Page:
We found that the most fertile ground for urban innovation was - and still is - at the local level and at the nexus of poverty, environment, and inclusion. It is at such intersections where people must cross disciplines, sectors and silos to experiment, learn, and collaborate.
Over our 25-year history of action research it has become clear:
1) There can be no urban environmental solution without alleviating poverty. The urban poor tend to occupy the most ecologically fragile areas of our cities, such as steep hillsides, low-lying swamplands, or areas adjacent to hazardous industries. In addition, their lack of resources often prohibits them from having adequate water, sewage, or solid waste management systems. Without alternative locations and income for basic needs, their survival will be pitted against environmental needs.
2) There can be no lasting solutions to poverty or environmental degradation without building on bottom-up, community-based innovations. Since creativity was not distributed along lines of race, class, or gender, experts and policymakers are not always the best source of system-transforming innovations. The most creative and resource-efficient solutions to urban problems tend to emerge at the grassroots level, closest to the problems being solved. And, without local participation in implementation, even the best ideas are doomed to fail.
3) There can be no impact of scale without "sharing what works" across communities and cities and scaling up into public policy. While small may be beautiful, it's still small - and the problems are enormous. In order to have meaningful impact, micro-initiatives need to be replicated through peer-to-peer learning or incorporated into public policy frameworks.
4) There can be no urban transformation without changing the old incentive systems and "rules of the game." Since every sector of urban society holds a de facto veto on the others, local innovations can never achieve scale without cross-sector partnerships involving government, business, NGOs, academia, media, and grassroots groups. We need to create a climate conducive to experimentation, mutual learning, and collaboration.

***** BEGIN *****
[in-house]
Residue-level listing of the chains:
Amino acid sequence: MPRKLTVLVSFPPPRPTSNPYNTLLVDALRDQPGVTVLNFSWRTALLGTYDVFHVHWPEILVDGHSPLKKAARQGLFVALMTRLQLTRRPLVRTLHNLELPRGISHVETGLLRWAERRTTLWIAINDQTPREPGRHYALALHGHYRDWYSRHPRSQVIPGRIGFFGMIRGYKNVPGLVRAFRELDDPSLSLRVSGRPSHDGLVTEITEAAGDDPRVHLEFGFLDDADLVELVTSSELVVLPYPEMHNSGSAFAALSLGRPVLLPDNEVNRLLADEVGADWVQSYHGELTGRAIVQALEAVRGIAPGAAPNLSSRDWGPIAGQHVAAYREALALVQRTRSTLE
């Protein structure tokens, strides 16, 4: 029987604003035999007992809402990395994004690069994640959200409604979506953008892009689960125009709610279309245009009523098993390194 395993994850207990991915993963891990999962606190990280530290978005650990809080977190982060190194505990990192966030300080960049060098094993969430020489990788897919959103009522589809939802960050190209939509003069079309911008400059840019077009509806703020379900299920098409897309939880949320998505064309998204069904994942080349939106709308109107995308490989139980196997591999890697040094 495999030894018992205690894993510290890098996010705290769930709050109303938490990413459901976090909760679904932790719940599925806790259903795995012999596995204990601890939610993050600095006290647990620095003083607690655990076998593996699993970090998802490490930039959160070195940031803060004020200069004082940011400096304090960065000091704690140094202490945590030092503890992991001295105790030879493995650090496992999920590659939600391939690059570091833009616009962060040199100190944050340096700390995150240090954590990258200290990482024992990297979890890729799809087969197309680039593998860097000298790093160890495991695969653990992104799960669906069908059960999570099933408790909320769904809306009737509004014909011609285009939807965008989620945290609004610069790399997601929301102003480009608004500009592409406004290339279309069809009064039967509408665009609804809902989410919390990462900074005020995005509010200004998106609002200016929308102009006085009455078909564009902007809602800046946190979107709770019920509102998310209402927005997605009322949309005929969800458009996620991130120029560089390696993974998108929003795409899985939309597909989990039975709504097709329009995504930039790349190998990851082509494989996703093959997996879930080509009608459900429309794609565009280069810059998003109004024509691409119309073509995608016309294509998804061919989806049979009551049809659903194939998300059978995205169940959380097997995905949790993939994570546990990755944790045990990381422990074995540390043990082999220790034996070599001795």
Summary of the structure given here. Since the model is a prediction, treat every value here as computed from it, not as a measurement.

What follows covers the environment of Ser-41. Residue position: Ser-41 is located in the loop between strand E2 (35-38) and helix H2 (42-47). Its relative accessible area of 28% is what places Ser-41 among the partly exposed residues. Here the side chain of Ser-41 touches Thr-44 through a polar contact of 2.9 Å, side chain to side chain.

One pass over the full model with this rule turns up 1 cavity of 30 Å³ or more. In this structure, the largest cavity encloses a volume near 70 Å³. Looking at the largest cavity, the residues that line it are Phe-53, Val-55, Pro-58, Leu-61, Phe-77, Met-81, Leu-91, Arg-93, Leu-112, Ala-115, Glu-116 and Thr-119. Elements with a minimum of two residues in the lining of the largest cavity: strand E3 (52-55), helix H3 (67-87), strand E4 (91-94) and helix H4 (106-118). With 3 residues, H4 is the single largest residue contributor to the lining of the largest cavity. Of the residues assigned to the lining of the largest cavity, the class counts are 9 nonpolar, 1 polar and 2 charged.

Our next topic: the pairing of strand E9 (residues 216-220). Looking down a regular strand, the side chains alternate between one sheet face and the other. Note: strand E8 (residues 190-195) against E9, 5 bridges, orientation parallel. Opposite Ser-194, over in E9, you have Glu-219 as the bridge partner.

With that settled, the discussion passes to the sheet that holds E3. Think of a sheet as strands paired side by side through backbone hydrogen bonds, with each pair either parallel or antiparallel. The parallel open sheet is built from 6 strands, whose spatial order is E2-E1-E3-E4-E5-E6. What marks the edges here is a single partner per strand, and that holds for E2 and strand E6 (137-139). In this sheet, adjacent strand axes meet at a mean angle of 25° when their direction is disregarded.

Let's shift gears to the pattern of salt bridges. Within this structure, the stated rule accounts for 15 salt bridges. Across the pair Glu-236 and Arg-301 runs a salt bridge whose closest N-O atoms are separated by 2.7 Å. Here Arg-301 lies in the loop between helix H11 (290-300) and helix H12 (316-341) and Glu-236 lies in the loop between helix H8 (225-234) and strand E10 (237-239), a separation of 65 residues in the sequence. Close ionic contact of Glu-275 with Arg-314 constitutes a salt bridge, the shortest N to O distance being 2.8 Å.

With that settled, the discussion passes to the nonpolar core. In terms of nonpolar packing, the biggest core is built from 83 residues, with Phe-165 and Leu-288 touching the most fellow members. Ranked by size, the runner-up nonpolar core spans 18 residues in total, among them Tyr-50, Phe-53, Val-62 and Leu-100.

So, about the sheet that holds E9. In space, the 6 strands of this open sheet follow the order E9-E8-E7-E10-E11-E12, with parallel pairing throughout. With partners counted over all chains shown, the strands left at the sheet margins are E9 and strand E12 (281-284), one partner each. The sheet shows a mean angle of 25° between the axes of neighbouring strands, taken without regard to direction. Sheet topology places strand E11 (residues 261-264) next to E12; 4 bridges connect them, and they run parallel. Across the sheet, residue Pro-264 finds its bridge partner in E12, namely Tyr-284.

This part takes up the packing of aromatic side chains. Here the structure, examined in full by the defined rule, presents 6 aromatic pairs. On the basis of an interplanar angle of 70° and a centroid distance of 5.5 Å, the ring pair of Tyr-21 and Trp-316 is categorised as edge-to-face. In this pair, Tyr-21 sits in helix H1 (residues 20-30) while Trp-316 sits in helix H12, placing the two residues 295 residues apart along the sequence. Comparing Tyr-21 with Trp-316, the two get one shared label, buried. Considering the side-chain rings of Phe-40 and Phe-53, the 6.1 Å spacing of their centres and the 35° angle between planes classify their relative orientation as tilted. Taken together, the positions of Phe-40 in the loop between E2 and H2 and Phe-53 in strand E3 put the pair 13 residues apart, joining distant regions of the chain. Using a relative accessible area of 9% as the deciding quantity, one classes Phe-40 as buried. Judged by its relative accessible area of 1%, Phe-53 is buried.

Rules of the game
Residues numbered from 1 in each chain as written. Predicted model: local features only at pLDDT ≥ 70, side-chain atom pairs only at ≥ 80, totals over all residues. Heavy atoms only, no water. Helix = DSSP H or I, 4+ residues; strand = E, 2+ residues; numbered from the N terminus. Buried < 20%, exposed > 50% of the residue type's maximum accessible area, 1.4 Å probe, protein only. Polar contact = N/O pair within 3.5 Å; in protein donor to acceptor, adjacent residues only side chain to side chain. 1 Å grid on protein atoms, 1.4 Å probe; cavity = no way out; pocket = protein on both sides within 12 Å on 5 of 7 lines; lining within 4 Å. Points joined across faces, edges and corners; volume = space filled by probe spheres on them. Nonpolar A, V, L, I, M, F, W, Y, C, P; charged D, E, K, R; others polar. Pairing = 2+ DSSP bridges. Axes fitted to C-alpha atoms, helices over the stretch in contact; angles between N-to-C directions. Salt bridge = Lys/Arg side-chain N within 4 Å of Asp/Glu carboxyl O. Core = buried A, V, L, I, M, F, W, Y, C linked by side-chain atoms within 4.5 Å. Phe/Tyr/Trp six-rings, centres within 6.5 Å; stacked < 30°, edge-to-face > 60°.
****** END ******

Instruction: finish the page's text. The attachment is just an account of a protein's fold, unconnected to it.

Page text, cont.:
Generation 2.0: Mega Cities x Mega Change (MC²)
Members of the Mega Cities Project founding network are now coming together to support the creation of the next generation of a global network that will foster urban change, the diffusion of urban innovations, and the development of new urban leaders. At the EcoCity conference in Montreal in 2011, it was named Mega-Cities/Mega-Change or MC² (i.e. pure energy). MC² engages the emerging young leaders in every sector and draws upon evolving information and communications technologies that enable us to reimagine elements of our network, from peer-to-peer learning to crowd-sourced funding of local projects.
Our original Coordinators and participants in our research-action teams have become leaders in their countries, regions and internationally. Today they are respected "elders" holding senior positions and have agreed to become mentors for those who share their passion. This fulfills a second mission: "to shorten the lag time between the next generation of urban leaders and their ability to make a difference." MC² is the fusion of the accumulated wisdom, credibility and trust of our founding network with the creativity, passion and technological sophistication of the next generation of urban change-makers.